In BXS, the SICC expressly addressed[16] the Hong Kong Court of Final Appeal decision in Astro Nusantara v PT Ayunda Prima Mitra and others ([2018] HKCFA 12). The plaintiff in BXS relied on this case in support of its argument that the three-month timeline in article 34(3) of the Model Law was not absolute. However, the SICC distinguished Astro on the basis that it involved the setting aside of a Hong Kong court order that allowed enforcement of a Singapore arbitration award against the counterparty’s assets in Hong Kong. It did not concern a timeline for setting aside an award in the seat. More importantly, the SICC highlighted that Order 73 Rule 10(6) of the Rules of the Hong Kong Court, which the SICC observed to be similarly worded to Order 69A Rule 6(4) of the Singapore Rules of Court, a party has 14 days to apply to set aside a court order granting leave to enforce an arbitral award. Pursuant to Order 3 Rule 5 of the Rules of the Hong Kong Court,[17] the Hong Kong court has power to extend the time limit of 14 days in Order 73 Rule 10(6) and the Hong Kong court proceeded to exercise this power.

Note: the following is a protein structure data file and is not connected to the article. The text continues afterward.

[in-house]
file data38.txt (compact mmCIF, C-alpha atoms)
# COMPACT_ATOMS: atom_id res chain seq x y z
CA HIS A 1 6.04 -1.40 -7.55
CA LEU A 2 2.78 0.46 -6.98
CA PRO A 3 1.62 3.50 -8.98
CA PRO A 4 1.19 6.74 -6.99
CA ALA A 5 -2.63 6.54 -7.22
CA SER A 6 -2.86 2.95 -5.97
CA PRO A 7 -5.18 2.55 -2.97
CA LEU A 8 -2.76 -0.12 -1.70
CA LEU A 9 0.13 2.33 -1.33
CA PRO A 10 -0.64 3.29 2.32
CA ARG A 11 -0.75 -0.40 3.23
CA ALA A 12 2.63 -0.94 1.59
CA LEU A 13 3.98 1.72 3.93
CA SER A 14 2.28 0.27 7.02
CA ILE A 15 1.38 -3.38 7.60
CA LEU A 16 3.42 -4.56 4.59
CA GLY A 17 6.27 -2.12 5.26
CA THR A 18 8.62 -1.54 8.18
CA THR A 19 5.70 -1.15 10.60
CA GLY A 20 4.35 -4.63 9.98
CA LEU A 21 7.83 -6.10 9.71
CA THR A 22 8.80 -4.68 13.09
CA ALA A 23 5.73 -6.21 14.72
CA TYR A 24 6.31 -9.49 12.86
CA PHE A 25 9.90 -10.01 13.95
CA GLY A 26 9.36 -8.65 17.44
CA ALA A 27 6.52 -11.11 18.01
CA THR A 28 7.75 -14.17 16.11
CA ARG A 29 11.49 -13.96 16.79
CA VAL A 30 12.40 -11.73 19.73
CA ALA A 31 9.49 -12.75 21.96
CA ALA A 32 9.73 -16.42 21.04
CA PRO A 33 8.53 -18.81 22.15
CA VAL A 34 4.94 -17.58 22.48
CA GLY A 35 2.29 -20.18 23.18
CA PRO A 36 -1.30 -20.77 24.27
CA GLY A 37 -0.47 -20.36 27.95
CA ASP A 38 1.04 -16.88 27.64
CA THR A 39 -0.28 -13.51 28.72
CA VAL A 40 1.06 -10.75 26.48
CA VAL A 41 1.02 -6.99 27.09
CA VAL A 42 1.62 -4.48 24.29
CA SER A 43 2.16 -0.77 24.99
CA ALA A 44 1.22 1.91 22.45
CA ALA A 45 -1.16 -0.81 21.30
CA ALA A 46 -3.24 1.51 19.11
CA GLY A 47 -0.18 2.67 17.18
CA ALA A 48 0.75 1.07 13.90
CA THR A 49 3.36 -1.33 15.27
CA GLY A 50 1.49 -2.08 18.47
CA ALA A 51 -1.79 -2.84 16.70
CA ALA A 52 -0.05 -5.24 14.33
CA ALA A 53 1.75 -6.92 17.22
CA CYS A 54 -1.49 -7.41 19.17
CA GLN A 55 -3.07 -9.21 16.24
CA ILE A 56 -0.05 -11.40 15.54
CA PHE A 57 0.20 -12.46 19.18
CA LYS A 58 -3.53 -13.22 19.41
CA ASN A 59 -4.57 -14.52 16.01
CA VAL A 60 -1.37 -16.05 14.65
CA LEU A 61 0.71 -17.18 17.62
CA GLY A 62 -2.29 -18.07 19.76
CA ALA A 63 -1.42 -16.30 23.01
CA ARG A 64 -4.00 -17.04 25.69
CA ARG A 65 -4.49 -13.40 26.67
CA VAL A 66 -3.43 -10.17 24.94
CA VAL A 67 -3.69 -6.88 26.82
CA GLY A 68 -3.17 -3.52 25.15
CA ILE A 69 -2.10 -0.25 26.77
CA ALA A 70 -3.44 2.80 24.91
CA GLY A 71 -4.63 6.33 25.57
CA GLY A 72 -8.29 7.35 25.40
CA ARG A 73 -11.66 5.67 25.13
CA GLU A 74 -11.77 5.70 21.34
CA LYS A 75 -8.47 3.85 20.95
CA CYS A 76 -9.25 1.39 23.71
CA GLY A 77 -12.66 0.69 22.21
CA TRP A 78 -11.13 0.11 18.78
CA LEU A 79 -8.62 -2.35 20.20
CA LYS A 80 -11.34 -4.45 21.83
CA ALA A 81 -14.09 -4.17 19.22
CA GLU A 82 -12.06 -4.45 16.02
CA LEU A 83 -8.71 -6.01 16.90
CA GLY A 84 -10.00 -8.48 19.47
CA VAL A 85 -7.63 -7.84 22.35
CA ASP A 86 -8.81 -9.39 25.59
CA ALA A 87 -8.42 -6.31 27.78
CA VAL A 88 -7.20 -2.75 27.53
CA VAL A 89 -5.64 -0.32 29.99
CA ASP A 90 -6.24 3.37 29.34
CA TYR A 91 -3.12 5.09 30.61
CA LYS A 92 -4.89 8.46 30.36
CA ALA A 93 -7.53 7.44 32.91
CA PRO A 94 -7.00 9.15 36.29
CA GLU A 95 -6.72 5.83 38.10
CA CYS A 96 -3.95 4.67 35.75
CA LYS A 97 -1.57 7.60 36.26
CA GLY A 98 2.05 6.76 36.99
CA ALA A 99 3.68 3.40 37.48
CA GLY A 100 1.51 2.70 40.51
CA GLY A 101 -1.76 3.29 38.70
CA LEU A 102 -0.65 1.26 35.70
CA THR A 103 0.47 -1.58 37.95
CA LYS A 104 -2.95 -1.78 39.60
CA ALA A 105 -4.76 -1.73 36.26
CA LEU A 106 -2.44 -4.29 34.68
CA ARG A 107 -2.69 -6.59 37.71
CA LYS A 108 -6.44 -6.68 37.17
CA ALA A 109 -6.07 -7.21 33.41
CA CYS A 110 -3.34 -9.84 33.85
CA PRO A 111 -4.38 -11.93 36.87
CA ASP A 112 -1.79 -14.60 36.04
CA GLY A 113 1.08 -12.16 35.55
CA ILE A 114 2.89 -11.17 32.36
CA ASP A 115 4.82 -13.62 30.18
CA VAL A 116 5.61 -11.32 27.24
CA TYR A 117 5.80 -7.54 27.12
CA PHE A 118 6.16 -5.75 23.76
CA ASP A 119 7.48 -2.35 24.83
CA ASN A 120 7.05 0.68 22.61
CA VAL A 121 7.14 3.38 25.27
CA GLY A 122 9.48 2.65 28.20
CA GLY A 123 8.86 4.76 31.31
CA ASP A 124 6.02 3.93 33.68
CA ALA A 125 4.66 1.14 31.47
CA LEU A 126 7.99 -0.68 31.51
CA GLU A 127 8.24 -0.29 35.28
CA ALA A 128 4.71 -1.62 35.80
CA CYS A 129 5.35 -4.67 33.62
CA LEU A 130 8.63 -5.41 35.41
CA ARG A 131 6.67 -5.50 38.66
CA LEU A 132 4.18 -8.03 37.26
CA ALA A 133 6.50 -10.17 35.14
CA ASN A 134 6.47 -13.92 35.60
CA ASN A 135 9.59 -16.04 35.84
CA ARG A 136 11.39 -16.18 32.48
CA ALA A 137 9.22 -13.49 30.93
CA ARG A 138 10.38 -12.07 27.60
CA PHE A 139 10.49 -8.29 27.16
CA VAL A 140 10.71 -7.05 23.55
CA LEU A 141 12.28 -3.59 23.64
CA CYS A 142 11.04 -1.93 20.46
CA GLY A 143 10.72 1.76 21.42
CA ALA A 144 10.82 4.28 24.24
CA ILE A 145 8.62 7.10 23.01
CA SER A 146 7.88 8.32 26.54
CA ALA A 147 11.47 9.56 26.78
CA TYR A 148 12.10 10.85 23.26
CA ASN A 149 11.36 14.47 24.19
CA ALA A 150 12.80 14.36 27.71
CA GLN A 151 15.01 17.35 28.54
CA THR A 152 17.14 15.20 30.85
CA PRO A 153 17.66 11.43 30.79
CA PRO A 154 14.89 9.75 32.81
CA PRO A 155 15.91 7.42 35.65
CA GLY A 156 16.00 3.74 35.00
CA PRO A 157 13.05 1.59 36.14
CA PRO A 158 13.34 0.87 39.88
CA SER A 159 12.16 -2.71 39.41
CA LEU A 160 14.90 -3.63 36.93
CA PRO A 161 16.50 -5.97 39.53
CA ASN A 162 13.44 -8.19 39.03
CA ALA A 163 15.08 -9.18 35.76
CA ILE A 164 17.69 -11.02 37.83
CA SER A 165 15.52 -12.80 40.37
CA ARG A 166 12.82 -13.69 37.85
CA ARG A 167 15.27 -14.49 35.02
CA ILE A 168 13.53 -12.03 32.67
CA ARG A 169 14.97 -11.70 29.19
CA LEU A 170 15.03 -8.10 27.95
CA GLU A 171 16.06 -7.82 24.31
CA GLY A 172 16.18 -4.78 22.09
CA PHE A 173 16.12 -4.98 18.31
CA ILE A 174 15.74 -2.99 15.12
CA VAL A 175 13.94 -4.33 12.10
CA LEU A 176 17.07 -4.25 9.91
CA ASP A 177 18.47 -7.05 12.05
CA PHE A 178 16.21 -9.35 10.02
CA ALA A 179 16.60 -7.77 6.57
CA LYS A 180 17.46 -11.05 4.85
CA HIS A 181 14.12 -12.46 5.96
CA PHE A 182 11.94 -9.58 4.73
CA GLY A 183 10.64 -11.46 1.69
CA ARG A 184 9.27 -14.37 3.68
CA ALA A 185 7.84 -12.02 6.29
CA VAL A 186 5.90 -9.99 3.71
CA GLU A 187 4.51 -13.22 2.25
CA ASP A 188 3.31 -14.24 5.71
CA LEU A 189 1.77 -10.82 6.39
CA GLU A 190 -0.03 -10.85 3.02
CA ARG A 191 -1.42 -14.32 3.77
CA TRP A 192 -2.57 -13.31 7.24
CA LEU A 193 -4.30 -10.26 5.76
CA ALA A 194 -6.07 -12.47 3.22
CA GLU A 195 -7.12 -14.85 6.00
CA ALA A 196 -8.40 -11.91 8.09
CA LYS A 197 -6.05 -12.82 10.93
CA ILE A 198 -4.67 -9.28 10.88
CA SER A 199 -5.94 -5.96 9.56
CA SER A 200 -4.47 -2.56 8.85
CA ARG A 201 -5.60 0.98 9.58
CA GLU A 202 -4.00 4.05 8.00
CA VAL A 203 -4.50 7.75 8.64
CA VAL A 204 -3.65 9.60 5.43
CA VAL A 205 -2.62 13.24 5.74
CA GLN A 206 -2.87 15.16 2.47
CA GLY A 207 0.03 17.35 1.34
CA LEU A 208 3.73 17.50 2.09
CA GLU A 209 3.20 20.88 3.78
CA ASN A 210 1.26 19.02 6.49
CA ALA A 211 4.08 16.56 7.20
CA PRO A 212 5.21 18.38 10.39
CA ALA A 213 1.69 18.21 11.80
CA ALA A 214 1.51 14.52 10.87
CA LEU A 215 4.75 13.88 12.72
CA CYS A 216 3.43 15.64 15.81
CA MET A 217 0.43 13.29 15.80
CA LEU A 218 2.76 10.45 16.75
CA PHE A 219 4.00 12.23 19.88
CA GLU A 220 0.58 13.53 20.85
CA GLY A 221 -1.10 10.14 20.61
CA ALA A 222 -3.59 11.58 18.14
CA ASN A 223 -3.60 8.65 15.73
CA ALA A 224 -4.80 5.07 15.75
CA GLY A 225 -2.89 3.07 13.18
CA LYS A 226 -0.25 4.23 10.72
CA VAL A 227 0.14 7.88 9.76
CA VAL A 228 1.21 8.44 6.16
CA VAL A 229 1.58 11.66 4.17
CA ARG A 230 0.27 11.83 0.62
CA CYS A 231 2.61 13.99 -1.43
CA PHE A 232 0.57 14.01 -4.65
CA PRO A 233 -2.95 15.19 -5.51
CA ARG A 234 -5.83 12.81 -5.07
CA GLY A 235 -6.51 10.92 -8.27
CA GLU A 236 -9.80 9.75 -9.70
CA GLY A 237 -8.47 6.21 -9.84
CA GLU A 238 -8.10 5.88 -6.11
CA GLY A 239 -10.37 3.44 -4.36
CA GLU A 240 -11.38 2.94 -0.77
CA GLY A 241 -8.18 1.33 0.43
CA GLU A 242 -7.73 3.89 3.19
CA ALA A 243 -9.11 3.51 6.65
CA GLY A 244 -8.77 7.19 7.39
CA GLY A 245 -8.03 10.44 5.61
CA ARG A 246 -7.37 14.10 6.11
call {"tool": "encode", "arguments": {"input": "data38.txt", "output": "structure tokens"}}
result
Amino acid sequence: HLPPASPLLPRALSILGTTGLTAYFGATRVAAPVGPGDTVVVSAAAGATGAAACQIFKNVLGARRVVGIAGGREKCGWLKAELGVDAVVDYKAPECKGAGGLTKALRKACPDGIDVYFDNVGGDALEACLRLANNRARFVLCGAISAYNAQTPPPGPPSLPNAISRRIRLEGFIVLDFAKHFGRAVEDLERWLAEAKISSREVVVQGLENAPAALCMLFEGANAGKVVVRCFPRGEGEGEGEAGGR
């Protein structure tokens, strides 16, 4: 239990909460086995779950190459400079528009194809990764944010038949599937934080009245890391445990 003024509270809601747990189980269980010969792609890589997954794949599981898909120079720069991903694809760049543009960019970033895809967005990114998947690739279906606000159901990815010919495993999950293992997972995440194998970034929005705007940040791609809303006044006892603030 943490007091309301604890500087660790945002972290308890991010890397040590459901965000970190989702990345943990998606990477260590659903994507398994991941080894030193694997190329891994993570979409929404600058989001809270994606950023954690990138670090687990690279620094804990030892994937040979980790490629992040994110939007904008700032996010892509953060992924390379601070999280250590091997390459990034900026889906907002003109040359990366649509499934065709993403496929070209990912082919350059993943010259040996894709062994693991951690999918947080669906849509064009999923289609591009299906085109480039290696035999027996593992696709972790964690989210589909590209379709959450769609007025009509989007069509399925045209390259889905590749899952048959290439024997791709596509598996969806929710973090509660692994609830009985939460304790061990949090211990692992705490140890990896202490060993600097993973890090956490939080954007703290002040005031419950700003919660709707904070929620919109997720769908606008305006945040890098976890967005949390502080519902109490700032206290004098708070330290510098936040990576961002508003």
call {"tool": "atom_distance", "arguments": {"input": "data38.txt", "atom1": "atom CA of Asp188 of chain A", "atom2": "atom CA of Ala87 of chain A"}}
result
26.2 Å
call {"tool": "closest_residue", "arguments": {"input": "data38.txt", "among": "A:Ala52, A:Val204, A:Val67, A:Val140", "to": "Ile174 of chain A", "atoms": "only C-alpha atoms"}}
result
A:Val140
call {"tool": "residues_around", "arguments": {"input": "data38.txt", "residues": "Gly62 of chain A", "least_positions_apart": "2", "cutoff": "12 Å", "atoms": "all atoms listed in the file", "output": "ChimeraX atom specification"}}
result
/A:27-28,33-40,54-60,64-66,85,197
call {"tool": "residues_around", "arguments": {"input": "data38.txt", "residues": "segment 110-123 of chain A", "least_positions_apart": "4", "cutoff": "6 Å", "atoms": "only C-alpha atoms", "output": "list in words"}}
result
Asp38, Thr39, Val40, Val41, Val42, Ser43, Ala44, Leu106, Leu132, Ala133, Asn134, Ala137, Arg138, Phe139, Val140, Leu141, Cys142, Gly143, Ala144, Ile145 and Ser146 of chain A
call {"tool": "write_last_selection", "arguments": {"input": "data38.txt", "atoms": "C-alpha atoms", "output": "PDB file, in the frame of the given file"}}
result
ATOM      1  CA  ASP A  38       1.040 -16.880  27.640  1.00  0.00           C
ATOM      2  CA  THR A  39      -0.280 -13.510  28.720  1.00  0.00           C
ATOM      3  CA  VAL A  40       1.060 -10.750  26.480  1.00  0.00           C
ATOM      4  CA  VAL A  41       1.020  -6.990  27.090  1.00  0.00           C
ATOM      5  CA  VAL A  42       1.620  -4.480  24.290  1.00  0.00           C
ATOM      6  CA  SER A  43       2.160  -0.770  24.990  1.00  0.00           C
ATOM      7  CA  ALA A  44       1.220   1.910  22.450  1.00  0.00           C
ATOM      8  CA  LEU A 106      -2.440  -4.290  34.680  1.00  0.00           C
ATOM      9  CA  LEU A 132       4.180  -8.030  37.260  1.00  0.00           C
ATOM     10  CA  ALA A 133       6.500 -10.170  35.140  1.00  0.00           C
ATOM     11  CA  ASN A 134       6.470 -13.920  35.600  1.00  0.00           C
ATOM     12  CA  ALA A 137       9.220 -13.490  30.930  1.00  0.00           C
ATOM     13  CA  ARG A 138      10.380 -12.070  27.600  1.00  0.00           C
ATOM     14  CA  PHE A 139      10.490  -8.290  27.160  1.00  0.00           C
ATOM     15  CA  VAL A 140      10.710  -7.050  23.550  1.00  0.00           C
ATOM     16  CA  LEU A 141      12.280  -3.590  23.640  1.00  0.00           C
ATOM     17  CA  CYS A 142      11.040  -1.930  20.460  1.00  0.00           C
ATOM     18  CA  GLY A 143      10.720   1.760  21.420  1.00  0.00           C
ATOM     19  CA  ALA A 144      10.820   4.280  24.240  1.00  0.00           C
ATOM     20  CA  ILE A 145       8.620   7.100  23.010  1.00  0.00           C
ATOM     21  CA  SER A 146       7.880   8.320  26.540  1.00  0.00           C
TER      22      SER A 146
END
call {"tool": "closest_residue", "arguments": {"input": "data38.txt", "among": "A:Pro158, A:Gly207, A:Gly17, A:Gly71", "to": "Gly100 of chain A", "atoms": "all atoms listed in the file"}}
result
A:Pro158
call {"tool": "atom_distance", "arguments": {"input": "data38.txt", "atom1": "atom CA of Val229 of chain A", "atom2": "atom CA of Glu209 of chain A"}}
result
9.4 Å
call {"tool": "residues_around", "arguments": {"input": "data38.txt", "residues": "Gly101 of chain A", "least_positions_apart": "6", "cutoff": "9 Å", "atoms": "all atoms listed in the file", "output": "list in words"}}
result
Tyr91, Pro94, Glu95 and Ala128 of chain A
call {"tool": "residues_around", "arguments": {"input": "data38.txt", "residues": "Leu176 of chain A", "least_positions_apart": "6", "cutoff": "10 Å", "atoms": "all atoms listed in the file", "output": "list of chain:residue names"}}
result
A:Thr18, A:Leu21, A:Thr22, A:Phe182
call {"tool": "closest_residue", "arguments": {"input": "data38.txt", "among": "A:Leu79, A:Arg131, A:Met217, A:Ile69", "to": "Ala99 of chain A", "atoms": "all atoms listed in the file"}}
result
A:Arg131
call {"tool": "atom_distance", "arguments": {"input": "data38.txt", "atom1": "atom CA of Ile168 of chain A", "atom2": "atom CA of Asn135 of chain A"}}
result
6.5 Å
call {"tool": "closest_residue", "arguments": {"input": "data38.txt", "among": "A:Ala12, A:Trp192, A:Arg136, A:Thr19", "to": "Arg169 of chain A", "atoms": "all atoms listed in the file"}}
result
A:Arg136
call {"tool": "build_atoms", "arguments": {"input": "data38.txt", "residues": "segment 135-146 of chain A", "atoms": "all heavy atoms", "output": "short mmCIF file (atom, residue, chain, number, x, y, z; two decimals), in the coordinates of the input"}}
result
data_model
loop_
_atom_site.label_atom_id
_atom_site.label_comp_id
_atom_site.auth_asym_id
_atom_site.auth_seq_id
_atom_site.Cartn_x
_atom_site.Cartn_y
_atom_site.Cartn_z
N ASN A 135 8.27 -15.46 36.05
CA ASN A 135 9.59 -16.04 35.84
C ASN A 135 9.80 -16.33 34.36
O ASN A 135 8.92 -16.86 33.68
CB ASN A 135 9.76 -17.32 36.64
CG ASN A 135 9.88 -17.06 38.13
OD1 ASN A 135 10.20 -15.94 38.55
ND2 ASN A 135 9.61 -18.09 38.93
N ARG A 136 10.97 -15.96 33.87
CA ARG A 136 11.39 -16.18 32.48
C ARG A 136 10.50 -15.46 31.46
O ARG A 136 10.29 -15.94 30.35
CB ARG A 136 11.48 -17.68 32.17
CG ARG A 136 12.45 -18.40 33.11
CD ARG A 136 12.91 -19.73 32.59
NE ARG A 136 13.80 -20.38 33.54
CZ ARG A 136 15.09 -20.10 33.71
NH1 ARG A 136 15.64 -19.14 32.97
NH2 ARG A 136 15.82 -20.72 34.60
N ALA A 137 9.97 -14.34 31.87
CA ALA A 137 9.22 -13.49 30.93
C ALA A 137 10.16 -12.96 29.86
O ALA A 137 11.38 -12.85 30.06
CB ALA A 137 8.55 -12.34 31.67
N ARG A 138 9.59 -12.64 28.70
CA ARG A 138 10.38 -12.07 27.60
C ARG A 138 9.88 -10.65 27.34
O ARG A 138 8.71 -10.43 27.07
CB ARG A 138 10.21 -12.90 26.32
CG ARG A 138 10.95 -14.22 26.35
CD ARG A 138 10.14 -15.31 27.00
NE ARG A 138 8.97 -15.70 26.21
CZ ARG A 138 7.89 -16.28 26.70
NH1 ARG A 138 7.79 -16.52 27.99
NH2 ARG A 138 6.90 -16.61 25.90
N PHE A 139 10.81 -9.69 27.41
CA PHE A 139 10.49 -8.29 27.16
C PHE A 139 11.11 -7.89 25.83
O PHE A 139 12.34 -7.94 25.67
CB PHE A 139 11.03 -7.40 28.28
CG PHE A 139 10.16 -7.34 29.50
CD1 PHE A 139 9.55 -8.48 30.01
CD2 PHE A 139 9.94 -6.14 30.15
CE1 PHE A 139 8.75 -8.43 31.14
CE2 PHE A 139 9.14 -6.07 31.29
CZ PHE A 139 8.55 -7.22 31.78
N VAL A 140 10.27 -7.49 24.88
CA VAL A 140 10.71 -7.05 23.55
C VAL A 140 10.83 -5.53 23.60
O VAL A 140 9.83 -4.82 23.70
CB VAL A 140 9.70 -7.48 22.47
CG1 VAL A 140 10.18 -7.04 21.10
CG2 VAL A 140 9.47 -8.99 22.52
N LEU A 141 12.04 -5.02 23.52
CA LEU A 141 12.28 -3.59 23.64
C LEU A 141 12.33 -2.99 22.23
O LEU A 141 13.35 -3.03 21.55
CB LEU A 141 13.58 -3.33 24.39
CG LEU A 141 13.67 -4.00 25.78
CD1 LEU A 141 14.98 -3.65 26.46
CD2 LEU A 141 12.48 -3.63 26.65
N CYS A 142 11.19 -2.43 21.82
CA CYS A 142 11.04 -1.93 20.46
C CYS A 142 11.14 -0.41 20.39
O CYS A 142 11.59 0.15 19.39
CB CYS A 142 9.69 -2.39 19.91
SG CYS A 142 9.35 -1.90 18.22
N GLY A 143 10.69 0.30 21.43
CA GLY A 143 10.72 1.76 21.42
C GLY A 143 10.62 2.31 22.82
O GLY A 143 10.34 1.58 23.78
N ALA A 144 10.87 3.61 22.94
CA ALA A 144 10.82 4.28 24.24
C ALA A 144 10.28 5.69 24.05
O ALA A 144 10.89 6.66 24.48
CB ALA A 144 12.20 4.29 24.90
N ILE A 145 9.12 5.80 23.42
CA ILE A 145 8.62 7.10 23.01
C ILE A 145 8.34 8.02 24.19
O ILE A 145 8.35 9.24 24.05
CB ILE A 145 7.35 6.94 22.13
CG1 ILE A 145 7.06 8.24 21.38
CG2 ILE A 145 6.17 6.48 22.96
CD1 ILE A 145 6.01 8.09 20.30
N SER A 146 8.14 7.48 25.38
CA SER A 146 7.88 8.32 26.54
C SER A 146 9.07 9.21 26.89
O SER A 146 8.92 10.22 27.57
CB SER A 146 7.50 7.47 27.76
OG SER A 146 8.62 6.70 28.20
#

In Bloomberry Resorts, apart from the application to set aside the award, there was a separate application to set aside the Singapore court order granting leave to enforce the partial award. After considering the length of delay,[18] and the reason for the extension of time,[19] the Singapore High Court followed Astro and granted the extension of time to set aside the court order granting leave to enforce the partial award (and the enforcement judgment arising therefrom). An important factor that weighed in favour of the plaintiff’s application was the Singapore High Court’s view that the plaintiffs’ reasons for the delay and allegations of fraud were bound up with the merits of the application to challenge enforcement of the partial award.[20]